History of Texas, together with a biographical history of Milam, Williamson, Bastrop, Travis, Lee and Burleson counties : containing a concise history of the state, with portraits and biographies of prominent citizens of the above named counties, and personal histories of many of the early settlers and leading families

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ill stone of allnost any dimensions. Some
of theil when polished will rival the A ragonite
or Mexican ol yx in delicacy of coloring.
The limees.tones of Texas which are suited
for building purposes are abundant and
widespread in their occurrence. The Cretaceous
formation which covers fully onefourth
of the entire area of the State abounds
in liniestone well adapted for structural purposes.
In addition to this we have the limestones
of the Carboniferous, Permian and
Silurian systems, so that the total area is
largely increased.
The limestones of the Cretaceous occur
both in its upper and lower divisions. In
the Austin chalk there are beds which furnish
excellent stone which is quarried for
use in many places, but a large portion of
it is too chalky and not firn enough for general
use. The best lilnestone of this forumation
is tlat contained in the Fredericksblirg
and Washita divisions of tile Lower Cretaceous.
These limestones are of color varying
from white to yellow, very rarely darker,
and are often somewhat soft when first quarried.
becoming harder on exposure.
Among the materials of the Clear Fork
division of the Permnian formation are some
even-bedded limestones of square fracture,
fine, even grain and good color, that will
prove valuable as building material. These
were observed in the northwestern part of
Shackelford county, and will also be found
north and south of that locality along the
outcrop of these beds. Seymour and Ballinger
show buildings constructed of these
limestones.
Sandstones and Quartzites.-The sandstones
are fully as widely distributed as the
limestones, being found in nearly all districts
in greater or less quantity. In the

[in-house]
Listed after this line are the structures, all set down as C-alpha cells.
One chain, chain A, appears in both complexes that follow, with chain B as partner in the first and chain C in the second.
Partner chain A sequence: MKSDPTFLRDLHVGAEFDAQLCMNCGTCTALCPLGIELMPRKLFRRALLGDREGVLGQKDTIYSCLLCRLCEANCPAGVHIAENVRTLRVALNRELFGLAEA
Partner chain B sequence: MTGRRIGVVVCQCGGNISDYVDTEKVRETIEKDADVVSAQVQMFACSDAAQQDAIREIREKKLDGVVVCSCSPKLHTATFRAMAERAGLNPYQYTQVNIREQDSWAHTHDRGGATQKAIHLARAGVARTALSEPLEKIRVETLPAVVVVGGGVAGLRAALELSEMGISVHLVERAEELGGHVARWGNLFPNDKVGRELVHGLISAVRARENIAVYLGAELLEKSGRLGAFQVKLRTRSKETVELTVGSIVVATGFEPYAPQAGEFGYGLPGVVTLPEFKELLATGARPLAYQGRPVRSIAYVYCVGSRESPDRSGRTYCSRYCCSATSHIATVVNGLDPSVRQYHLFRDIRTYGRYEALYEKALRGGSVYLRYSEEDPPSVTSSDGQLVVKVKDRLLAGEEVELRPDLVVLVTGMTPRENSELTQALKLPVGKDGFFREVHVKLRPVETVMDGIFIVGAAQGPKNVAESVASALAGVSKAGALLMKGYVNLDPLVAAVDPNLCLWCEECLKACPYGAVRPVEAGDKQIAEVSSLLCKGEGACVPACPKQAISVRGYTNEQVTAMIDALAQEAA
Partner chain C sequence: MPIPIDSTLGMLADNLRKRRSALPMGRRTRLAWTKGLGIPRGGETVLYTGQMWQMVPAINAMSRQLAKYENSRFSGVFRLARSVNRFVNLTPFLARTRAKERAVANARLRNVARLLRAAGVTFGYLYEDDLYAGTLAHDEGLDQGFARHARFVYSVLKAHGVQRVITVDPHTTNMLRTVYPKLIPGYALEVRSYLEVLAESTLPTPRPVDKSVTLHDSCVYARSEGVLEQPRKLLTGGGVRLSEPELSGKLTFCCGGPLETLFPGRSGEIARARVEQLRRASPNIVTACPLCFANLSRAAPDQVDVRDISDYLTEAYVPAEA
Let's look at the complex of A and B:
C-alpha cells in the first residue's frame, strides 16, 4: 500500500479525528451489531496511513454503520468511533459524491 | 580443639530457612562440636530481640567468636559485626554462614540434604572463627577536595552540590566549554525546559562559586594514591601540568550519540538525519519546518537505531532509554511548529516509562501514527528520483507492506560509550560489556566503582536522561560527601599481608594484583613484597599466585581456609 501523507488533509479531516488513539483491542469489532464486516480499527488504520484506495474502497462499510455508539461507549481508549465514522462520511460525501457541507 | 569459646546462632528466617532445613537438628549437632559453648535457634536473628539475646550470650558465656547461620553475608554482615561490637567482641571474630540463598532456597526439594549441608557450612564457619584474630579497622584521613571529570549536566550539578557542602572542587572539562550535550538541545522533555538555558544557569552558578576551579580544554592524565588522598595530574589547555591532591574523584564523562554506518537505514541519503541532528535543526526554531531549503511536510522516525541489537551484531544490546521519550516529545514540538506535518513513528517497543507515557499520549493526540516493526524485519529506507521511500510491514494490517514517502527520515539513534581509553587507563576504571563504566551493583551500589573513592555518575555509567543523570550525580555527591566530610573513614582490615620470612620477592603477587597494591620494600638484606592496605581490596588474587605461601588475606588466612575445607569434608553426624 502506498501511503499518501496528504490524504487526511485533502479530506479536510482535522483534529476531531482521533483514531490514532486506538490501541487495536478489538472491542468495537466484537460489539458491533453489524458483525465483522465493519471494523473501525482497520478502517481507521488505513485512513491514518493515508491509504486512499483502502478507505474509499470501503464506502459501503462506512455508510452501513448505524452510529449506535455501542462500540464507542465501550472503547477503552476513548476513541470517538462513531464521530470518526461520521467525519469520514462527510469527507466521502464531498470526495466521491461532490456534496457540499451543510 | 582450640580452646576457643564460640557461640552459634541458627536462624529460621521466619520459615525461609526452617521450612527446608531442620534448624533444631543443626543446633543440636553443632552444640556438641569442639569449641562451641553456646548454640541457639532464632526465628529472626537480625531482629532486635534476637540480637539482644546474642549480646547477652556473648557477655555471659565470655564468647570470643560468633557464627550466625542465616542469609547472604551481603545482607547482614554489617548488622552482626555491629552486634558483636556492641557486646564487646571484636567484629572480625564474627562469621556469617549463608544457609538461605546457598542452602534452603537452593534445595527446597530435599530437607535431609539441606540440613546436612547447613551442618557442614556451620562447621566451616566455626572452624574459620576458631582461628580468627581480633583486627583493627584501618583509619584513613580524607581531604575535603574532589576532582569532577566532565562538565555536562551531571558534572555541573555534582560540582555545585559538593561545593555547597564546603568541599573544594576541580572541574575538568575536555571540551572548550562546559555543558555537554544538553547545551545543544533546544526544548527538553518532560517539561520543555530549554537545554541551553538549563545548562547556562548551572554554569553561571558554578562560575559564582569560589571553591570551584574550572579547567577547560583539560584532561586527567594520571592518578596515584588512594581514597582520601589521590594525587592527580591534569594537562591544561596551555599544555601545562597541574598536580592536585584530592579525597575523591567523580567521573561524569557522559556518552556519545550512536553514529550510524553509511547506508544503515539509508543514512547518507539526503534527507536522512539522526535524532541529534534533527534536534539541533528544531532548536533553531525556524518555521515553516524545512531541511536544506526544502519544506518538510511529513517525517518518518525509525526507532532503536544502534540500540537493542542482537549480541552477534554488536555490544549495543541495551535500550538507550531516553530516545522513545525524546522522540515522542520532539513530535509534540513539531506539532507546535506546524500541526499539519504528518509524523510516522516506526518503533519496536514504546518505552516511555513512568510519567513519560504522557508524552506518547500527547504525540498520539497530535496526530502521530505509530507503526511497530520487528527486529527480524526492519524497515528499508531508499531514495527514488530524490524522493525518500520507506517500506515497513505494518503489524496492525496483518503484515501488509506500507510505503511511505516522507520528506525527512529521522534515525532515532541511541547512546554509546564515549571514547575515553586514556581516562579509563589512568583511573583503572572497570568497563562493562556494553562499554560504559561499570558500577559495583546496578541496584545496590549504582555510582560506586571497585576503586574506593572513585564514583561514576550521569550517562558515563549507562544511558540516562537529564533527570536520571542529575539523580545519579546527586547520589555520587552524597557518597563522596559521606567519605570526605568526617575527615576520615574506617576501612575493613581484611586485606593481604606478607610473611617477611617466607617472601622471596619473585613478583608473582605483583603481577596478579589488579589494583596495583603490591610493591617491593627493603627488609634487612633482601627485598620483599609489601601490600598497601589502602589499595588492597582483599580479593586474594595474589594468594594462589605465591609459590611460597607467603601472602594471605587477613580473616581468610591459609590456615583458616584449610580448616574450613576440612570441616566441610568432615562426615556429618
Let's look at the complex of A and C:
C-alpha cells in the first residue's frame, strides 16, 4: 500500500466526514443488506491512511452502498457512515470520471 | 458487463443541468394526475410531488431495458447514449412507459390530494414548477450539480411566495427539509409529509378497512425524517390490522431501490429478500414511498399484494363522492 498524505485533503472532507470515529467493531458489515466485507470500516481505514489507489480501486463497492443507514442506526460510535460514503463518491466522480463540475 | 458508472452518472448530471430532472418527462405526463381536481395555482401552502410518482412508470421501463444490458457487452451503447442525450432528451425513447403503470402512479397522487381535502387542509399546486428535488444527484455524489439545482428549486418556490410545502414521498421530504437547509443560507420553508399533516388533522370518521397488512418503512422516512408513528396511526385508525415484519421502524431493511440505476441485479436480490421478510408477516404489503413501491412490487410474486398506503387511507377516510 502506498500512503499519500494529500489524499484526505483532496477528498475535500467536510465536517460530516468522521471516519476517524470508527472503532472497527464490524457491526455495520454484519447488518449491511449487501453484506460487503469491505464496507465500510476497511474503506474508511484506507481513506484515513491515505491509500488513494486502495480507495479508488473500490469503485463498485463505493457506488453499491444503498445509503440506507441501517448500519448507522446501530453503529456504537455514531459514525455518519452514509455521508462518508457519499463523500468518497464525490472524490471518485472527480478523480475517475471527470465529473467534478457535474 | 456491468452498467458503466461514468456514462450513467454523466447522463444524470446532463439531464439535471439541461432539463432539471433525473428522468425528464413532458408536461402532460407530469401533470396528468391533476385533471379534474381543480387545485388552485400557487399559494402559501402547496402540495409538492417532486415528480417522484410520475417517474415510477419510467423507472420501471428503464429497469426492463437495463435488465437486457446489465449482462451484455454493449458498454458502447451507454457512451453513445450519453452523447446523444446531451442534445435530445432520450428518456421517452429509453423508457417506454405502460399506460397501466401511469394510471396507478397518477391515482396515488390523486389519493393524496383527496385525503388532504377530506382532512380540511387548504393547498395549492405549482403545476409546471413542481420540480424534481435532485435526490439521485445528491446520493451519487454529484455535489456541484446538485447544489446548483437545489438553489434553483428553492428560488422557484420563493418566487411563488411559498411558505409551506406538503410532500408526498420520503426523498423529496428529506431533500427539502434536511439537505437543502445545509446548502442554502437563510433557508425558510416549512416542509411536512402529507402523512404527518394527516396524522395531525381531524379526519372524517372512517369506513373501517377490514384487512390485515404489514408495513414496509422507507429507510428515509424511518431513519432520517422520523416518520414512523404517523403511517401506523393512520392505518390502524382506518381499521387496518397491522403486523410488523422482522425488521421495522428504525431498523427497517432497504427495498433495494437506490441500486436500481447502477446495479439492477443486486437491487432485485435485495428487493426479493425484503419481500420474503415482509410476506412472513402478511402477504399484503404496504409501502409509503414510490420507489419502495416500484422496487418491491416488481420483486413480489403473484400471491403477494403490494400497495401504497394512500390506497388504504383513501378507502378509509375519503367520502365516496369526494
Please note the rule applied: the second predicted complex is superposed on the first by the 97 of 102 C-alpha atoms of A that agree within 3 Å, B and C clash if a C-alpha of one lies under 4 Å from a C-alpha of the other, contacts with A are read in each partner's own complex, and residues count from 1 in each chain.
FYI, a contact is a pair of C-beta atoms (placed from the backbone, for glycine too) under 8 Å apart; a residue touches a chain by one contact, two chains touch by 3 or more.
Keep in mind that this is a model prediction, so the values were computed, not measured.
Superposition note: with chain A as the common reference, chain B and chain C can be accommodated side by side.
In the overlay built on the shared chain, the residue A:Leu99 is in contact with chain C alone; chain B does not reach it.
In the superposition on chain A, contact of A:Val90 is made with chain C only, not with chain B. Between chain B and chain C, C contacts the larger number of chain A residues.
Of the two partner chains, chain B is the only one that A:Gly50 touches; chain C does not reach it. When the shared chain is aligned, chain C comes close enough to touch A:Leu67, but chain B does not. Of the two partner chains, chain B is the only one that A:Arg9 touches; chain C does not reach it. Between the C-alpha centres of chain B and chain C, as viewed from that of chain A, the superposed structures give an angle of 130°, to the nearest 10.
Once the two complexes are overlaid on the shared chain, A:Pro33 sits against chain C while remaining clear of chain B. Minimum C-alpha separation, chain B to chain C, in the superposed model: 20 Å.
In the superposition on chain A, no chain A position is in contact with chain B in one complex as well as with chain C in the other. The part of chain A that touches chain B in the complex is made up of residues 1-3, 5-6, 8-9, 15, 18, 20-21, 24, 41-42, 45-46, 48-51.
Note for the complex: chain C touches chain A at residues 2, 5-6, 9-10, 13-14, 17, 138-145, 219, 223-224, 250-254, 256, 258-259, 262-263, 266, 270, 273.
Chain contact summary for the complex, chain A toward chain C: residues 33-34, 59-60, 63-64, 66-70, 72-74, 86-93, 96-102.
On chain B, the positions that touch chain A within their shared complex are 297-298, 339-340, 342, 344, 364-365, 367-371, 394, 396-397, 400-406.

Fayette sands are found beds of indurated

sands of light color which have b(e:i used in
various localities along their line of outcrop
for building purposes. Rock has been quarried
froin these deposits for many localities,
principally at Rockland, Tyler county,
Quarry Station, on the Gulf, Colorado &'
Santa Fe Railroad; Rock Quarry, on the
Houston & Texas Central Railway, in Washington
county, and in various parts of Fayette,
Lavaca and other counties to the southwest.

In the timber-belt beds the altered (and
even the unaltered) greensand marls are
sometimes so indurated as to be used for
building purposes. In addition to this
many of the hill-cappings of sandstone,
which at times replace the iron ore, are valuable
building stones.
In'the Cretaceous area north of the Colorado
river there are no sandstones of any
particular value so far as our examinations
lave extended.
The area of the central coal field abounds
in excellent sandstone for building purposes,
some of which has been extensively quarried
and used in the construction of buildings
from Dallas west to Cisco. It is of good
color, quarries well, and presents a handsome
appearance in the wall. It is so generally
found in this district that it is impossible to
name the localities.
In the Permian there are some sandstones
which will be of wide application in the
buildings of the State. East of Pecos City,
at Quito, on the Texas & Pacific Railway, a
company has recently opened a quarry in a
compact, well jointed red sandstone which
is probably of Permian age. It is of a beautiful
red color, uniform in texture and color,
easily worked yet durable, and in every way
adapted to the best uses in building. The
company in boring a well at the place

HISPOR Y OF TRIAS.~

161

Lewis Publishing Company, publisher. History of Texas, together with a biographical history of Milam, Williamson, Bastrop, Travis, Lee and Burleson counties : containing a concise history of the state, with portraits and biographies of prominent citizens of the above named counties, and personal histories of many of the early settlers and leading families. Chicago. The Portal to Texas History. http://texashistory.unt.edu/ark:/67531/metapth29785/. Accessed August 29, 2014.